I was in New York a week too early! One week later, I could have witnessed a Second Avenue Subway groundbreaking ceremony. I missed the last one, more than 30 years ago, so it would have been a rare opportunity. But fortunately, this will not be the last Second Avenue Subway groundbreaking. If I live long enough, I'll be able to witness another. Because, as every New Yorker knows, the question is not when will the Second Avenue Subway be built. It's when this story will run again.
Whenever anyone mentions about the on-again-off-again discussion about whether to tear down the Gardiner, the elevated highway on the south edge of downtown Toronto, I think of our old friend the Second Avenue Subway. It's hard to explain this phenomenon to a non-New Yorker. Put it this way: the old "You know you're really a New Yorker when..." test could easily end with "...you know the Second Avenue Subway will never be built".
Subways run uptown-downtown (approximately north-south) in Manhattan, except for a couple of oddballs that run briefly crosstown (east-west) on their way to Brooklyn or Queens. The two crosstown runs, although important, amount to a few long blocks; uptown-downtown is several hundred blocks, the entire length of Manhattan.
On the west side, subways bring you within two or three long blocks of the Hudson River, the western edge of Manhattan. Until recent development (and landfill), no one lived much farther west than the subway. But on the east side, the eastern-most subway line, the Lexington Line, leaves a tremendous amount of land, and hundreds of thousands of New Yorkers, in a vast subway-free tract. (On this pdf NYC Subway map, the Lex Line is in green. We're only talking about Manhattan here, blown up a zillion times larger than scale on the map.)
Once upon a time there was something called the Third Avenue El (which stands for elevated train line). One of the reasons that its destruction in 1955 was thought to be viable was the impending construction of... you guessed it, the Second Avenue Subway.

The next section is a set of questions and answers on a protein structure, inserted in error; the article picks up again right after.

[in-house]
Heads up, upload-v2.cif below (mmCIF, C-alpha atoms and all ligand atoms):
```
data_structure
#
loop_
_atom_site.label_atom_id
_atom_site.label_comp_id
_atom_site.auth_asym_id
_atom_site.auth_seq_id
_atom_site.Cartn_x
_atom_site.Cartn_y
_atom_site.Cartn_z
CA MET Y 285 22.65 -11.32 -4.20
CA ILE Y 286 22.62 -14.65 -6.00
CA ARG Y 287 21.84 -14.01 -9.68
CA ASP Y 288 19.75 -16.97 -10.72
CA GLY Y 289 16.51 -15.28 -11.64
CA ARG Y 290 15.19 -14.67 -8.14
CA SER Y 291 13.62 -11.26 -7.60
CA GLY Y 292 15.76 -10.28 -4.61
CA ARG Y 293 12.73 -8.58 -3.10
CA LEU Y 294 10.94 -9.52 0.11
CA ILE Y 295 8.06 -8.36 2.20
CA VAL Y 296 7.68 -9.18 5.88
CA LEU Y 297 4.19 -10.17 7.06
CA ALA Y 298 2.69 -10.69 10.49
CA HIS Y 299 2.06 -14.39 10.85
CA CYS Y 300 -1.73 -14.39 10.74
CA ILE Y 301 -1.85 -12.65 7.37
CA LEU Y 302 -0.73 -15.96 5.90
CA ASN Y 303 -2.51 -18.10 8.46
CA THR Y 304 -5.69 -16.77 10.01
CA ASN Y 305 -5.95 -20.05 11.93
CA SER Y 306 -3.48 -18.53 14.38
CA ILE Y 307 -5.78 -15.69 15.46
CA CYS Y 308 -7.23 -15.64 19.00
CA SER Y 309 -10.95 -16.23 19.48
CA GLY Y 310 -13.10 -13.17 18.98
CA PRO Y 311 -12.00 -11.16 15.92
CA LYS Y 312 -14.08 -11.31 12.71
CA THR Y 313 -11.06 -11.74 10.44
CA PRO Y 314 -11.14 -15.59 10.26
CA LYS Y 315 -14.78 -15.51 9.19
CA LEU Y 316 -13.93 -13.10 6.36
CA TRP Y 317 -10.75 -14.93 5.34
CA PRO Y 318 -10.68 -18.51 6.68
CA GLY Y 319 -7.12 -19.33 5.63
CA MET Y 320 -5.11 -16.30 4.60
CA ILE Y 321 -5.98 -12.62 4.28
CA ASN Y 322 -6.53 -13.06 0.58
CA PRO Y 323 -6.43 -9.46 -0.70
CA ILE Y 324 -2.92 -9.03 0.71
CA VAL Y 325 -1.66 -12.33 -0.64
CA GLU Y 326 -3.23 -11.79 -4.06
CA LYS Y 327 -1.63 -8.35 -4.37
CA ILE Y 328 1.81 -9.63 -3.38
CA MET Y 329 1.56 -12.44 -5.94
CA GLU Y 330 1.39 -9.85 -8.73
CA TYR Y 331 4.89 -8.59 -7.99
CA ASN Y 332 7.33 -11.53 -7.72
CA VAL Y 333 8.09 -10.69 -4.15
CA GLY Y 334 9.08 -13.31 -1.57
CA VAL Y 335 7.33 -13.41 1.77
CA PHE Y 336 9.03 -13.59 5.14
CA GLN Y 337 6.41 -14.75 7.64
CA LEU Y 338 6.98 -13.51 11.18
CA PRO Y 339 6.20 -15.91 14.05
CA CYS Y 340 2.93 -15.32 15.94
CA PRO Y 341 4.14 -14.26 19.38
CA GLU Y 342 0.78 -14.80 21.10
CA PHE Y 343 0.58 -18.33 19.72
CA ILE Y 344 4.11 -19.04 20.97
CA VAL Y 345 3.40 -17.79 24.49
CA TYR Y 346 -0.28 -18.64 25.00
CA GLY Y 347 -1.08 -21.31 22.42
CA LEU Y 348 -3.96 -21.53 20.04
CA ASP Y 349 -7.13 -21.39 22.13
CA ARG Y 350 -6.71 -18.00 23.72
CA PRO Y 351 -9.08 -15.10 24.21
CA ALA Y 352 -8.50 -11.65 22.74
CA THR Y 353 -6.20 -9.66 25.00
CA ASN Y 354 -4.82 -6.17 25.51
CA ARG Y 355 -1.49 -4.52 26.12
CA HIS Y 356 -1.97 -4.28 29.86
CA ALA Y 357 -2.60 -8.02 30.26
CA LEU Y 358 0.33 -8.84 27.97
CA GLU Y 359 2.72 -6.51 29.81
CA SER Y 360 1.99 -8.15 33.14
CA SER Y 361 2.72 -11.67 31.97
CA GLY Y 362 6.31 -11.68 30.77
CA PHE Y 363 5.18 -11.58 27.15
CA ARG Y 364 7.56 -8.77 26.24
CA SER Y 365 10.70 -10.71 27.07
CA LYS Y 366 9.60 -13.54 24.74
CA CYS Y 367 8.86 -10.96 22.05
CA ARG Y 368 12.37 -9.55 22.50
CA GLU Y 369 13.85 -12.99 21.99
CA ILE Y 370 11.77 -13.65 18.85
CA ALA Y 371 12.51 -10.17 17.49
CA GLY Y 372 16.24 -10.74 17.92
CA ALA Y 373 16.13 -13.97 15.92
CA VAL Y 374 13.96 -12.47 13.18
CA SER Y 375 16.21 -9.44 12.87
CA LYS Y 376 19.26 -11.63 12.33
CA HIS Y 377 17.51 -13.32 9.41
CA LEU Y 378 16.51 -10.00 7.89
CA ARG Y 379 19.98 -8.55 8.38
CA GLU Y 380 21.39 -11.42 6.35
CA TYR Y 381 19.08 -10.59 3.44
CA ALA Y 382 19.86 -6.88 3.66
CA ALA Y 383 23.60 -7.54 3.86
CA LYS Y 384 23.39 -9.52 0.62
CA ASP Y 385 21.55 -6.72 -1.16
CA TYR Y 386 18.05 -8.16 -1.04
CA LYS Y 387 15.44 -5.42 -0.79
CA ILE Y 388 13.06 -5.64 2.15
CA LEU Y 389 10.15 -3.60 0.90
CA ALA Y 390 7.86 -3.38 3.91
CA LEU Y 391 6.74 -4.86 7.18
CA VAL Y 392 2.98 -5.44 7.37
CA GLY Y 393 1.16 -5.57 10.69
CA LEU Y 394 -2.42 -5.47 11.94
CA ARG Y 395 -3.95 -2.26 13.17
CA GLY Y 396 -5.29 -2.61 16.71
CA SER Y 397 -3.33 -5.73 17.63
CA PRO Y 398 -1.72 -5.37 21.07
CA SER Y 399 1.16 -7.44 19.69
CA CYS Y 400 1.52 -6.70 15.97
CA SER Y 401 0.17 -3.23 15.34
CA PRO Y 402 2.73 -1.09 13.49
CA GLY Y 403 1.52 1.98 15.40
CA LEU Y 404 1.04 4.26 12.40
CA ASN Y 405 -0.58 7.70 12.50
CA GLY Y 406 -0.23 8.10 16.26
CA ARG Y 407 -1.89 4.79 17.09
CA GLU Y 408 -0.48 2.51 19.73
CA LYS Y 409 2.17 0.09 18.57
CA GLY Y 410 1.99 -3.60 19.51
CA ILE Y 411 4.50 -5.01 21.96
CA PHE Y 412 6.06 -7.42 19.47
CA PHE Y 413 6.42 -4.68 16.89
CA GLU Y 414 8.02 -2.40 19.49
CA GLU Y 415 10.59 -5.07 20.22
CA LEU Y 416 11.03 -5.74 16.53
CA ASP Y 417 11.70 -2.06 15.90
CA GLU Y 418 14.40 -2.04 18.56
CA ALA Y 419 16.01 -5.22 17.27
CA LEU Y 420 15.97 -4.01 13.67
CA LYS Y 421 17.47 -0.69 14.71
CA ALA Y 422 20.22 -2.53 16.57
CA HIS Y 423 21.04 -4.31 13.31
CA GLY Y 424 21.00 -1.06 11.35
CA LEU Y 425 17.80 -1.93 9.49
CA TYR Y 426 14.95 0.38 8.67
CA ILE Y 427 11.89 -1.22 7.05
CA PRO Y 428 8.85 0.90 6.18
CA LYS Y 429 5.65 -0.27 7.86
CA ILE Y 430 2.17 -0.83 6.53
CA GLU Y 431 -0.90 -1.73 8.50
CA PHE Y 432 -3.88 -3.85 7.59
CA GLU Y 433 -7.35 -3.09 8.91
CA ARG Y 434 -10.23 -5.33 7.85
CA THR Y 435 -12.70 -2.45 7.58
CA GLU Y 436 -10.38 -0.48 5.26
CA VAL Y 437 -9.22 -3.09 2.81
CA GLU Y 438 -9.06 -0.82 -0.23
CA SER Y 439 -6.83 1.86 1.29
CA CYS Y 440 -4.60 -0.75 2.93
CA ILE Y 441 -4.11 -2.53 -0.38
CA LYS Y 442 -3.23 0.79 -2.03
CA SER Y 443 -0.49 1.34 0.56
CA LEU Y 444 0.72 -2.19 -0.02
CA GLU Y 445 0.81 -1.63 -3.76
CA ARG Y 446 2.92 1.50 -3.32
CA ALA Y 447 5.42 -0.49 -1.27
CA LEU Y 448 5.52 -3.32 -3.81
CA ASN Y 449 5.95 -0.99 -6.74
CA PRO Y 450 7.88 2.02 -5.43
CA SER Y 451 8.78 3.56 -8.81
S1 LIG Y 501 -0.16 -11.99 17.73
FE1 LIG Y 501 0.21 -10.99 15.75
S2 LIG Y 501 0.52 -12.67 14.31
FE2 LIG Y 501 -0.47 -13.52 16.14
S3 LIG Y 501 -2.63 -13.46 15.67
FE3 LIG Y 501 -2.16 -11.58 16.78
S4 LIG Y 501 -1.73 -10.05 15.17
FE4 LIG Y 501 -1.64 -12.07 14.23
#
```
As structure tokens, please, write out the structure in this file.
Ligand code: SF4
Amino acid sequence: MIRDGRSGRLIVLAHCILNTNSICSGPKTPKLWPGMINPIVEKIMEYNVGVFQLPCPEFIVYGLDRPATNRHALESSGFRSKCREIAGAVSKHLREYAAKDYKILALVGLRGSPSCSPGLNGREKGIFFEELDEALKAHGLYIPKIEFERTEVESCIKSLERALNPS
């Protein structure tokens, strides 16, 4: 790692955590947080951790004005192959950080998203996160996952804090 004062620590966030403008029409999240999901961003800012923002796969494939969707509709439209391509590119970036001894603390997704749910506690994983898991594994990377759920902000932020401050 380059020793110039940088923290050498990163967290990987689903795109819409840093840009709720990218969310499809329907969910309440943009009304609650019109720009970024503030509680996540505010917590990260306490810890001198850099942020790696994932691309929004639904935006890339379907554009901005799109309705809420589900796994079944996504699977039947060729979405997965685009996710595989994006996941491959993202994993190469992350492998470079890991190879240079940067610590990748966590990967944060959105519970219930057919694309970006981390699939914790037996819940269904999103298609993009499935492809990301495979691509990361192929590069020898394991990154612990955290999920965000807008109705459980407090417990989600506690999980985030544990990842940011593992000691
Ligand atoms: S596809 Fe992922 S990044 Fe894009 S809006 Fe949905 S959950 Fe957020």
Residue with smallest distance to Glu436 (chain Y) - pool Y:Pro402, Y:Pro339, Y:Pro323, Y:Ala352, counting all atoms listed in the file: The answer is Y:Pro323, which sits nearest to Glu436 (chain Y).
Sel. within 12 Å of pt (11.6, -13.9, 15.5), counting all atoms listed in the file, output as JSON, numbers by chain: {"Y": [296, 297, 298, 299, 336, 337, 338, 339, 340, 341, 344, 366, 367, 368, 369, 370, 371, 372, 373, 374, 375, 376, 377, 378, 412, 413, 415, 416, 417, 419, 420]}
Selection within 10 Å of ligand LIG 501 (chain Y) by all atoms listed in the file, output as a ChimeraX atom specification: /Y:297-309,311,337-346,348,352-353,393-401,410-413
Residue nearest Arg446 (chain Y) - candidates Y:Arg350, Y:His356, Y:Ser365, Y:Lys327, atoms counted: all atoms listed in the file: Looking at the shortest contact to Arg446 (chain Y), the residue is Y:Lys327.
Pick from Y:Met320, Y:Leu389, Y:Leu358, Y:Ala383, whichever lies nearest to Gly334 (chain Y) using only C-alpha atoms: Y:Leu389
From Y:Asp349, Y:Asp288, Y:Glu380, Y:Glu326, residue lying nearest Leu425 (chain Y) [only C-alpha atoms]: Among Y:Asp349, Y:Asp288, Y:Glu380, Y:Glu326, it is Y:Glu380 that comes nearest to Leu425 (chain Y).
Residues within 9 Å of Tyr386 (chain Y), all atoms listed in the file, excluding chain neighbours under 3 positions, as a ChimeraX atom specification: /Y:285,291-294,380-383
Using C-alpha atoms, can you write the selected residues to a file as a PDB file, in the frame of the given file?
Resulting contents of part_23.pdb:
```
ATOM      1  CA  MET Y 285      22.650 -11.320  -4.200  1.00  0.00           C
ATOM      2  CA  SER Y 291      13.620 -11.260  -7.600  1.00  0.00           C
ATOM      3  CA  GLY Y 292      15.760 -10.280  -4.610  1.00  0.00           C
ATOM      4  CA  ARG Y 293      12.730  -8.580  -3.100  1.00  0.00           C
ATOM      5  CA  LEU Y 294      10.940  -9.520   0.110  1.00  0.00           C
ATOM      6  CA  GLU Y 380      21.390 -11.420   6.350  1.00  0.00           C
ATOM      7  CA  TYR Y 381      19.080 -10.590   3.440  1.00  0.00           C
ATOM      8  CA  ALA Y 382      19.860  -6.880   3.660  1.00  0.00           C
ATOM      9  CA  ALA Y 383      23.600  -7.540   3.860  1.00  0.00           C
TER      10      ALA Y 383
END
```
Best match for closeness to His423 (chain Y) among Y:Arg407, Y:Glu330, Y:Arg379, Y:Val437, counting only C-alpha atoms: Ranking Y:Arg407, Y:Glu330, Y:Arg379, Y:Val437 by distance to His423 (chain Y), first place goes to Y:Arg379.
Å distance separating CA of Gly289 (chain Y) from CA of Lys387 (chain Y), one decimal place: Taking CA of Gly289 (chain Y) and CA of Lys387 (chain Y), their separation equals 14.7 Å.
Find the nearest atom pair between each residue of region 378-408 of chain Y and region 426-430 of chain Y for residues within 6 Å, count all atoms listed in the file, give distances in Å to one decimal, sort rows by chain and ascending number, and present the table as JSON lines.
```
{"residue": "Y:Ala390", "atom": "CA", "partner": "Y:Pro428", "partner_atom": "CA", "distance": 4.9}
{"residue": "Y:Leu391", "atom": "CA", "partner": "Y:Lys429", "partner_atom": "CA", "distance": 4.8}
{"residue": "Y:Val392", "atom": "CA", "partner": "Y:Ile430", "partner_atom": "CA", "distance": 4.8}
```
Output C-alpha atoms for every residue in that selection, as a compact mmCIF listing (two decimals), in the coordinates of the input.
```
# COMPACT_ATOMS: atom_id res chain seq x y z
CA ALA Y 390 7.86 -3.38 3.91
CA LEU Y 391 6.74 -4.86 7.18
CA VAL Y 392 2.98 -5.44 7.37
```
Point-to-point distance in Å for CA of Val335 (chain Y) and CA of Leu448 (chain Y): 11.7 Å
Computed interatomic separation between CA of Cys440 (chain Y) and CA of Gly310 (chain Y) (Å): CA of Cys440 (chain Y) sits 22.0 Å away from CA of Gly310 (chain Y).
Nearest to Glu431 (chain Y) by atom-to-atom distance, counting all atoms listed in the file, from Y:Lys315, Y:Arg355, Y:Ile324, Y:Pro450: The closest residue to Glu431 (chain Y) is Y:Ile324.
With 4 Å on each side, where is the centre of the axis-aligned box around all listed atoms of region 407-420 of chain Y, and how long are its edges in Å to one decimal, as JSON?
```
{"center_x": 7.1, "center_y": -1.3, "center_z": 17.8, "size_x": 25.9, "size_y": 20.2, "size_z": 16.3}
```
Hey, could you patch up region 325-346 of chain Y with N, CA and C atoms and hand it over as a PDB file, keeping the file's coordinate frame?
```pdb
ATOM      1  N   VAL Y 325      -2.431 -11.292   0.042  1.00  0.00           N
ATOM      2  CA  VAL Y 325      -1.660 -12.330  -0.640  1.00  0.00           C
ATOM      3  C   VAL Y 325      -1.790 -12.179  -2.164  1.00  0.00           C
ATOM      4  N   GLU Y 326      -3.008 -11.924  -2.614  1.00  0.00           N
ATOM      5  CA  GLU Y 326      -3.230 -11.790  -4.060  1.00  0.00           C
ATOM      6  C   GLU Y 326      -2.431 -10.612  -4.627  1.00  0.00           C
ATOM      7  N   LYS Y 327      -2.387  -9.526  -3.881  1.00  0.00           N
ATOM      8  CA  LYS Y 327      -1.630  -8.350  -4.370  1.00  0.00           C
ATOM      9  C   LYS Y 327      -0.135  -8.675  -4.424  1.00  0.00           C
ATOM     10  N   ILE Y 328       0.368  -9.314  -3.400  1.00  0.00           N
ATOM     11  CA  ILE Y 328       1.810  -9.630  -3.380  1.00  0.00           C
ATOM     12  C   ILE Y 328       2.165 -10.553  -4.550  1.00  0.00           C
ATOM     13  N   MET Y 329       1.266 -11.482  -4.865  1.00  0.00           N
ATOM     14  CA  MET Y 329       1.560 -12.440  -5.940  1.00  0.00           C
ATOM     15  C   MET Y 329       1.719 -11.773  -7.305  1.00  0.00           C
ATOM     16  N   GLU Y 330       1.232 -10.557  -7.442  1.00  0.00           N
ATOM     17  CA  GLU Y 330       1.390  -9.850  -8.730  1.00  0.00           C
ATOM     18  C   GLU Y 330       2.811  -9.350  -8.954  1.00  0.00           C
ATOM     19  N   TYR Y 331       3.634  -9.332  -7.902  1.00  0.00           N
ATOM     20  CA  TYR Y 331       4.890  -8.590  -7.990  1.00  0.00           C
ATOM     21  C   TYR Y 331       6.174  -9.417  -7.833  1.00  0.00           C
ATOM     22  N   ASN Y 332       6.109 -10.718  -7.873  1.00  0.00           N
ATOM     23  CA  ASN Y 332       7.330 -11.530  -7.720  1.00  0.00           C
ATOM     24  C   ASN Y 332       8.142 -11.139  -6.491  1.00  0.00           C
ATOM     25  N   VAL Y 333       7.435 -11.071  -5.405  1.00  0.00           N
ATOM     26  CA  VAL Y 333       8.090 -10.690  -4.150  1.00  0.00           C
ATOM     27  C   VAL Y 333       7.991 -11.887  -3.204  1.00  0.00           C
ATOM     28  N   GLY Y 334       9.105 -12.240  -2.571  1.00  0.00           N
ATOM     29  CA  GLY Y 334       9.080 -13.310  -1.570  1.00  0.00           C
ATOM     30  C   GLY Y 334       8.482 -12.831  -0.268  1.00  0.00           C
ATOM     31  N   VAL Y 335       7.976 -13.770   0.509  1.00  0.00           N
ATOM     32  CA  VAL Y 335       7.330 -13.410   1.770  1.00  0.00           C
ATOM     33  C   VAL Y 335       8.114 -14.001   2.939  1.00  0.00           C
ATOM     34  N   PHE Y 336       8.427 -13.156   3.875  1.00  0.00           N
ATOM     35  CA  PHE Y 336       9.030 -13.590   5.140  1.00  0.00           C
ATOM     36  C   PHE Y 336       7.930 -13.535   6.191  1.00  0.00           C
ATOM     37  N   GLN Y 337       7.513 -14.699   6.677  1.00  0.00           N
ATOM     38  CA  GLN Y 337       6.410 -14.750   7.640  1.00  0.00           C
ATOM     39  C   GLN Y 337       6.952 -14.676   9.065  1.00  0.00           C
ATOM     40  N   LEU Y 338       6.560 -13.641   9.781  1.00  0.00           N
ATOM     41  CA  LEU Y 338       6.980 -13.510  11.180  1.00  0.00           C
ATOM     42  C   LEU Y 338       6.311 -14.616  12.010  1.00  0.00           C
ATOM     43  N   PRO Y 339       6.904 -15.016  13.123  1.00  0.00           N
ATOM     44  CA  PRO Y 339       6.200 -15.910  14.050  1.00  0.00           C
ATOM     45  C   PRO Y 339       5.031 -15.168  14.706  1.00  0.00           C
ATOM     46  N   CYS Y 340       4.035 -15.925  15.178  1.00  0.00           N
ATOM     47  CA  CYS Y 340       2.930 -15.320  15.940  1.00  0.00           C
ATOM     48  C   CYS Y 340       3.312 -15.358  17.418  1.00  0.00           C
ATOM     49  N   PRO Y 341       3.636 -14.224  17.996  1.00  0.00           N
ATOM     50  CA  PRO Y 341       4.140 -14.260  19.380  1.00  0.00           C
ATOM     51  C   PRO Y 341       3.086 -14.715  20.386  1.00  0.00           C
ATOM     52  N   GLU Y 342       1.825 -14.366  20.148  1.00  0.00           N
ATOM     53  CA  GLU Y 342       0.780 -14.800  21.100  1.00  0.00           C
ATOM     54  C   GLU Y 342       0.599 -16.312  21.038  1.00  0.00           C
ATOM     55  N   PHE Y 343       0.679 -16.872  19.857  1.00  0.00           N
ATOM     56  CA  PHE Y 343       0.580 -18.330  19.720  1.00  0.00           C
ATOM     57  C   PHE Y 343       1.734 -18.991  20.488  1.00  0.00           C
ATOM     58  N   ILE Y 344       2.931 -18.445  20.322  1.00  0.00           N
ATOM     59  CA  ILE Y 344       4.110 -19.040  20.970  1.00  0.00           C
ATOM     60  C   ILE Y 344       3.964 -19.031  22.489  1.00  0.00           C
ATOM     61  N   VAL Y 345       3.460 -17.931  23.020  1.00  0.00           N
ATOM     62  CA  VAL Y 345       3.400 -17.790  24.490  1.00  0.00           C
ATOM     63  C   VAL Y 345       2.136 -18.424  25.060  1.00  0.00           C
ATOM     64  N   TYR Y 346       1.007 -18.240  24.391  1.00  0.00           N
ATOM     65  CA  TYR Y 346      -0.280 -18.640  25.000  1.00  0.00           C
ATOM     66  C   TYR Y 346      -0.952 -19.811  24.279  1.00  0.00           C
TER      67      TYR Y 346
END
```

To understand the impact of this, you also have to get your mind around how utterly dependent New Yorkers are on public transportation. Public transit is not an option or a decision in New York; it's a way of life.
While in most places in North America, not owning a car is either a very unusual choice or a sign of poverty, in New York City, it's perfectly normal. Millions of New Yorkers don't own cars. Those who do, use them for travel outside the city, not for local driving. There are buses, and there are cabs, but traffic is a nightmare.
New Yorkers complain constantly about their subway, but that's about the management of the system - that is, about the MTA. The subway itself is vast, extensive, and indispensable to the functioning of the city. Until fairly recently, there was not even a free transfer between subways and buses; people were said to live in a "two fare zone". Imagine how that affects your budget. Even now, with free transfers via a Metrocard, living far from a subway line changes the entire nature of your life.
I was once on a bus to Albany, to lobby our state legislators (about some no-brainer laws that still haven't passed). A young woman, new to the City, was telling someone about her new apartment, and I was eavesdropping. She had just moved to York Avenue, right above the East River. "I have to take a bus to the Lexington Line subway," she said, "but they're building a subway line on Second Avenue. As soon as that gets built, it will be much more convenient." Oh my god, I thought. Did the realtor also try to sell her the Brooklyn Bridge? But hey, I'm not scoffing at that young woman's naivete. I was lobbying Albany, thinking laws would actually get passed!
So this past Thursday, there was another groundbreaking, although MTA officials could not agree if it was the third or fourth. (Answer: fourth.) The Gothamist live-blogged the ceremony, and the New York Times gives a full timeline. Hint: it begins in 1920. The Gawker says "it's been drilled by more politicians than Marilyn Monroe".
Wikipedia's entries on the Second Avenue Subway and the Third Avenue El are both interesting, and have a lot of good links for subway fans.
The New York Times story ends with Edward I. Koch, always ready with a quote. (One day he will die, and perhaps then he will shut up.) Koch, who was mayor of New York City from 1978-1989, appears in the film of the 1972 groundbreaking, when he was a Congressperson. Says Koch, "I have no recollection of that day. I do have a recollection that the Second Avenue subway — the first shovel went into the ground when God created the earth."